There’s a reason why nearly every artist worth the price of the boots they stand in has courted Joe Henry to produce their records over the past five years–Elvis Costello, Aimee Mann, Allen Troussaint, Ani DiFranco, Solomon Burke, Bettye Lavette, Mary Gauthier–earning Henry the Grammy recognition that his own brilliant music sadly fails to garner. I guess until Joe Henry agrees to tongue Madonna on live TV, he won’t have a spot at the Grammies, a show that’s become a profoundly embarrassing pageant of T & A that, at this point, is as much a celebration of music as it is a tutorial in soft porn (You’d think the Grammy people might get a clue after posting such shitty ratings in the past several years. Yes, you might think so, but only after forgetting that this is the same Grammies that totally ignored both The Strokes’s debut album as well as The White Stripes’s White Blood Cells. Fuck them.) Then again, Henry has good reason not to tongue Madonna–on live TV or elsewhere–he is, after all, married to her sister. Yes, Joe Henry is the Material Girl’s bro-in-law, but no one’s holding that against him, now. We’re all friends here.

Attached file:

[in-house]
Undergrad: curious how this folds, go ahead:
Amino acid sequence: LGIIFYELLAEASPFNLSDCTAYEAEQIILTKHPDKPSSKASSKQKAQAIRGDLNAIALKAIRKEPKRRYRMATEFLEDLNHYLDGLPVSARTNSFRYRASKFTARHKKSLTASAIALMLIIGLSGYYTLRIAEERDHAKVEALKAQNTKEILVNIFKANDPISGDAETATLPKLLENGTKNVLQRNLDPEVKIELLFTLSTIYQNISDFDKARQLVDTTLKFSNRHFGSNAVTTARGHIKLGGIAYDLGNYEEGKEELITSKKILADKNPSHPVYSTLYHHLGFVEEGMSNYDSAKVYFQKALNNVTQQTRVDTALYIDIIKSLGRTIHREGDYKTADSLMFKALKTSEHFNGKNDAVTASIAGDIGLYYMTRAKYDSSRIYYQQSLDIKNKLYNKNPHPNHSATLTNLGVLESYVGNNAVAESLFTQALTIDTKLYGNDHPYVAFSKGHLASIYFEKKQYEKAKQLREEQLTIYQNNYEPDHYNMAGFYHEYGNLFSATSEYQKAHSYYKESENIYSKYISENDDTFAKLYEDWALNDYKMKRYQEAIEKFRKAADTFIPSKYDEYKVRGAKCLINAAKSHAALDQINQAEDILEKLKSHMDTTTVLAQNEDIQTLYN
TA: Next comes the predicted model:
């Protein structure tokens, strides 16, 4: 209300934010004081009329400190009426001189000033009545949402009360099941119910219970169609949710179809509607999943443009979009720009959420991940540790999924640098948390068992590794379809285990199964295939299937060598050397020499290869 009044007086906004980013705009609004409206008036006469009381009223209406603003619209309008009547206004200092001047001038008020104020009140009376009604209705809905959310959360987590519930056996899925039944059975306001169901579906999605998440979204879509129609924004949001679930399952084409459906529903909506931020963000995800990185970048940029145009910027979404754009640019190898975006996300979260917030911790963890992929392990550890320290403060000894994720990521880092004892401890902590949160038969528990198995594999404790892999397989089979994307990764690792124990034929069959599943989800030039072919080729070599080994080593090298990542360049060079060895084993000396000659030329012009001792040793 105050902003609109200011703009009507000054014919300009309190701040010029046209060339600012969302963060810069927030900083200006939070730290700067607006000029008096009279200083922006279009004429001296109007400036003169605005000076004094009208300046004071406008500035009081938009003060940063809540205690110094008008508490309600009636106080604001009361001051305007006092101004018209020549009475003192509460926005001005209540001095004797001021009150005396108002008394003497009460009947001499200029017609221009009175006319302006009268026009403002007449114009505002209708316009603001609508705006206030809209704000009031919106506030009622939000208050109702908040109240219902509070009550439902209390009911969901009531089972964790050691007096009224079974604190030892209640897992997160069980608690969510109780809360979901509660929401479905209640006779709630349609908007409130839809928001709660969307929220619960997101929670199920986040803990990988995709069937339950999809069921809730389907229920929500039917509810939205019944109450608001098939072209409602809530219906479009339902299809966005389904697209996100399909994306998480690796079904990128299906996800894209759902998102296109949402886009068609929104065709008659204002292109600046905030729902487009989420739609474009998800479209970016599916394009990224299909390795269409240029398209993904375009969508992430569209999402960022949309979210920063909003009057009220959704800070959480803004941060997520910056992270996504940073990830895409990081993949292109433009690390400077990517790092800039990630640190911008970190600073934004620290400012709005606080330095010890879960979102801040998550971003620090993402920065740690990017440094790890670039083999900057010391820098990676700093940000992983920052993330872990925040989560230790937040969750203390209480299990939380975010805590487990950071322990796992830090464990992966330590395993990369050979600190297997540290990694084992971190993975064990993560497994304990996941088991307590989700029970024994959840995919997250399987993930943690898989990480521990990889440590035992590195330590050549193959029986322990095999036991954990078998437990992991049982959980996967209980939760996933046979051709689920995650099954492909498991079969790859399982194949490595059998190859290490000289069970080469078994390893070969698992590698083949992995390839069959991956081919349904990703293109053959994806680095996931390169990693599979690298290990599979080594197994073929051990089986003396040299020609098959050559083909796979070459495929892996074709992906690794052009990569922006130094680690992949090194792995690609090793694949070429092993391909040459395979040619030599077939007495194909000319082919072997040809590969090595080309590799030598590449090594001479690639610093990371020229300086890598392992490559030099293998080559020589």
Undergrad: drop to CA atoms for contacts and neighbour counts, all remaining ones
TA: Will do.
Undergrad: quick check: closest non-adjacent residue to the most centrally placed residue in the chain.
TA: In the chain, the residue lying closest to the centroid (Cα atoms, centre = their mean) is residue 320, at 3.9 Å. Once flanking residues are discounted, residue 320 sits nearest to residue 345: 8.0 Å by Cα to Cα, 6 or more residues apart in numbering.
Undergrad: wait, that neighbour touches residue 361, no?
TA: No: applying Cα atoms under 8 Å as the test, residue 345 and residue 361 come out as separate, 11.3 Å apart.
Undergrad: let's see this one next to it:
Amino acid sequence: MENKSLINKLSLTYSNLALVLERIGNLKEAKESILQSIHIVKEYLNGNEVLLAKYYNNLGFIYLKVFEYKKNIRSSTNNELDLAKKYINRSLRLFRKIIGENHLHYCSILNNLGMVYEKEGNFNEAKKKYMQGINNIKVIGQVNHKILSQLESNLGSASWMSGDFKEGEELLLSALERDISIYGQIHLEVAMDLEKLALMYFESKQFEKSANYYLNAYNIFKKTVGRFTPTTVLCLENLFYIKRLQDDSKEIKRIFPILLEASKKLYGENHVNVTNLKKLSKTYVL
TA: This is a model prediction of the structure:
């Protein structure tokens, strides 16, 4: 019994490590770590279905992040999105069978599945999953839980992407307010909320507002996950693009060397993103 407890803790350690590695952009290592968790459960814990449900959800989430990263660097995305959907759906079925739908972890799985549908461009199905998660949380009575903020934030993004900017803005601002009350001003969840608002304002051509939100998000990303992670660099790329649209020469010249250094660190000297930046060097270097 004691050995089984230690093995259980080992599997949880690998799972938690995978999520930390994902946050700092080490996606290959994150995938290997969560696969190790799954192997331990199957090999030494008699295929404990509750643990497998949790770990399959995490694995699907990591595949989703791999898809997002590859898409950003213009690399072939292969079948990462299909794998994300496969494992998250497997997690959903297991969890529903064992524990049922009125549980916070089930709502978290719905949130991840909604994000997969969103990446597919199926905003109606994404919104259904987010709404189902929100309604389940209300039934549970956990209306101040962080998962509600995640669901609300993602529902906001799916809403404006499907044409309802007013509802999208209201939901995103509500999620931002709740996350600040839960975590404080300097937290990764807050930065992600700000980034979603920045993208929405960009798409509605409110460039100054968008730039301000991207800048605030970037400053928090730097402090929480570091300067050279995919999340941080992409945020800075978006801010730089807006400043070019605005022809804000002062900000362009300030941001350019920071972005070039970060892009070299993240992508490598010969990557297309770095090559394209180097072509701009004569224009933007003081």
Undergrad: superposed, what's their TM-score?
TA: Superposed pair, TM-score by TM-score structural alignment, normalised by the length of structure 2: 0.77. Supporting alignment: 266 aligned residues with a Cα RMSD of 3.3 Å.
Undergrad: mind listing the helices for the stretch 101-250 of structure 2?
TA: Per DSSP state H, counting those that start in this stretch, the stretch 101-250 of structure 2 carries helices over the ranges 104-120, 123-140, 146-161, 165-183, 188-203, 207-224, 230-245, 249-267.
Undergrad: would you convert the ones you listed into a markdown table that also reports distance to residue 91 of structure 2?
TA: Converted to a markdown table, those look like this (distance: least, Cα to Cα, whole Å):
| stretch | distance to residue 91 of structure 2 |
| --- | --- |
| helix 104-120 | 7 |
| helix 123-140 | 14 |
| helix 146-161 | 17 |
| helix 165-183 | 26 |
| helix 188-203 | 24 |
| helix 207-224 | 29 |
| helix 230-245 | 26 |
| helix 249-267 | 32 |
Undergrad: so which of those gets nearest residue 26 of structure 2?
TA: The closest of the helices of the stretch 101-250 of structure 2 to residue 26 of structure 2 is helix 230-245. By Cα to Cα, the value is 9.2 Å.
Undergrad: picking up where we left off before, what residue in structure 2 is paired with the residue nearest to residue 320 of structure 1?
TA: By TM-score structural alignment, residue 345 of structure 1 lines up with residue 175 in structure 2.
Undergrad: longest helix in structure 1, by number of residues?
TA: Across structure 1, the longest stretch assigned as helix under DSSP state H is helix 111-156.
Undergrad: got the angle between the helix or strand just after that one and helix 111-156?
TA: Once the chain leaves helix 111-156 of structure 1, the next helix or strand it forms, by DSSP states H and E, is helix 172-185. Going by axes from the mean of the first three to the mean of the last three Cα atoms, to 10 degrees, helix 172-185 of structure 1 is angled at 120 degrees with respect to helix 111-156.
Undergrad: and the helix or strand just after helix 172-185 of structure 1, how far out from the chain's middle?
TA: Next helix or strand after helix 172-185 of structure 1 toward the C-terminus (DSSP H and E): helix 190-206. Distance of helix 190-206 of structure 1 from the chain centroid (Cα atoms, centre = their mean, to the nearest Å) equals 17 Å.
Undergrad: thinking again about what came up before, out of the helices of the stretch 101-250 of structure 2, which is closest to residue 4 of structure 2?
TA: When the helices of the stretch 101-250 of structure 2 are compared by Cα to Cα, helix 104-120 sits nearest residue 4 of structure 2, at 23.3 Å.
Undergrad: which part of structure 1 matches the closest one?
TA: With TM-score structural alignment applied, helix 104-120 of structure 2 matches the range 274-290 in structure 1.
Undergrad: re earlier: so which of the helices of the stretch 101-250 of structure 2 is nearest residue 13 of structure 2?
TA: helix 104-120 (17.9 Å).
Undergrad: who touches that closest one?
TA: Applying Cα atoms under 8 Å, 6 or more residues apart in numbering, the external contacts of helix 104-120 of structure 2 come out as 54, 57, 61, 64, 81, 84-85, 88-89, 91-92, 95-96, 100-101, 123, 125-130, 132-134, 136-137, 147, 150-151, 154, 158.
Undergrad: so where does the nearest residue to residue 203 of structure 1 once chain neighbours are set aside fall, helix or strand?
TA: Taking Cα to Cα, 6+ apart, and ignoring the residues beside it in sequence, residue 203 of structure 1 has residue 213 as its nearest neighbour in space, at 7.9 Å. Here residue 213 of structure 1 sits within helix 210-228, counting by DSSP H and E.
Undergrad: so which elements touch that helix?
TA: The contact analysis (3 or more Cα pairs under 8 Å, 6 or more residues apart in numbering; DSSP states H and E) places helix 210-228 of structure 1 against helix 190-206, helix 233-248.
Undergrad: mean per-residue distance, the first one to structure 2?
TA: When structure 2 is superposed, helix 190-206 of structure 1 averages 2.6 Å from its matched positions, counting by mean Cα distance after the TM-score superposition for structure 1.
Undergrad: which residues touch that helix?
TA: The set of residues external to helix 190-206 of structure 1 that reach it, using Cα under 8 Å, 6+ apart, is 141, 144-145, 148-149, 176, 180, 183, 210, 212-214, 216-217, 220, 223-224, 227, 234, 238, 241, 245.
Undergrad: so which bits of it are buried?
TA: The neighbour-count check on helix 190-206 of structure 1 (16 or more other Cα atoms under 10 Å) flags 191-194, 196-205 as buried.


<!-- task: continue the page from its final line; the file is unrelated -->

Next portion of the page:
An artist’s authenticity is easily gauged by the company he keeps, one of many measurements that confirms Joe Henry’s position as an underground badass. Take Mary Guathier, for instance, a woman who was abandoned at birth by a mother she never met, stole her parents’ car at 15 and ran away from home, spent her 18th birthday in jail and more time than that in halfway houses and rehab clinics. Writing her first song at 35 and cashing in her stake in a Cajun restaurant in Boston to pursue a music career (Gauthier hails from New Orleans), she now enjoys such accolades as an “Indie CD of the Year” nod from the NY Times for her third album, Filth and Fire. Her latest, Between Daylight and Dark, flickers with a ghostly darkness only Joe Henry could summon.

Others, like Mann or Costello, need no introduction, while soul luminaries like Lavette and Burke have Henry to thank for tossing them a life raft amid their flagging careers the way only great producers can (Burke’s Henry-produced Don’t Give Up On Me earned a Grammy, and Henry turned Lavette’s I’ve Got My Own Hell to Raise into the musical resurrection of the decade. The lion-voiced Lavette had spent a long-overlooked career floundering in the shadows of giants whose terrain she roamed, i.e., Aretha Franklin. It’s about time Lavette got some of that R-E-S-P-E-C-T the Queen herself loves to wail about.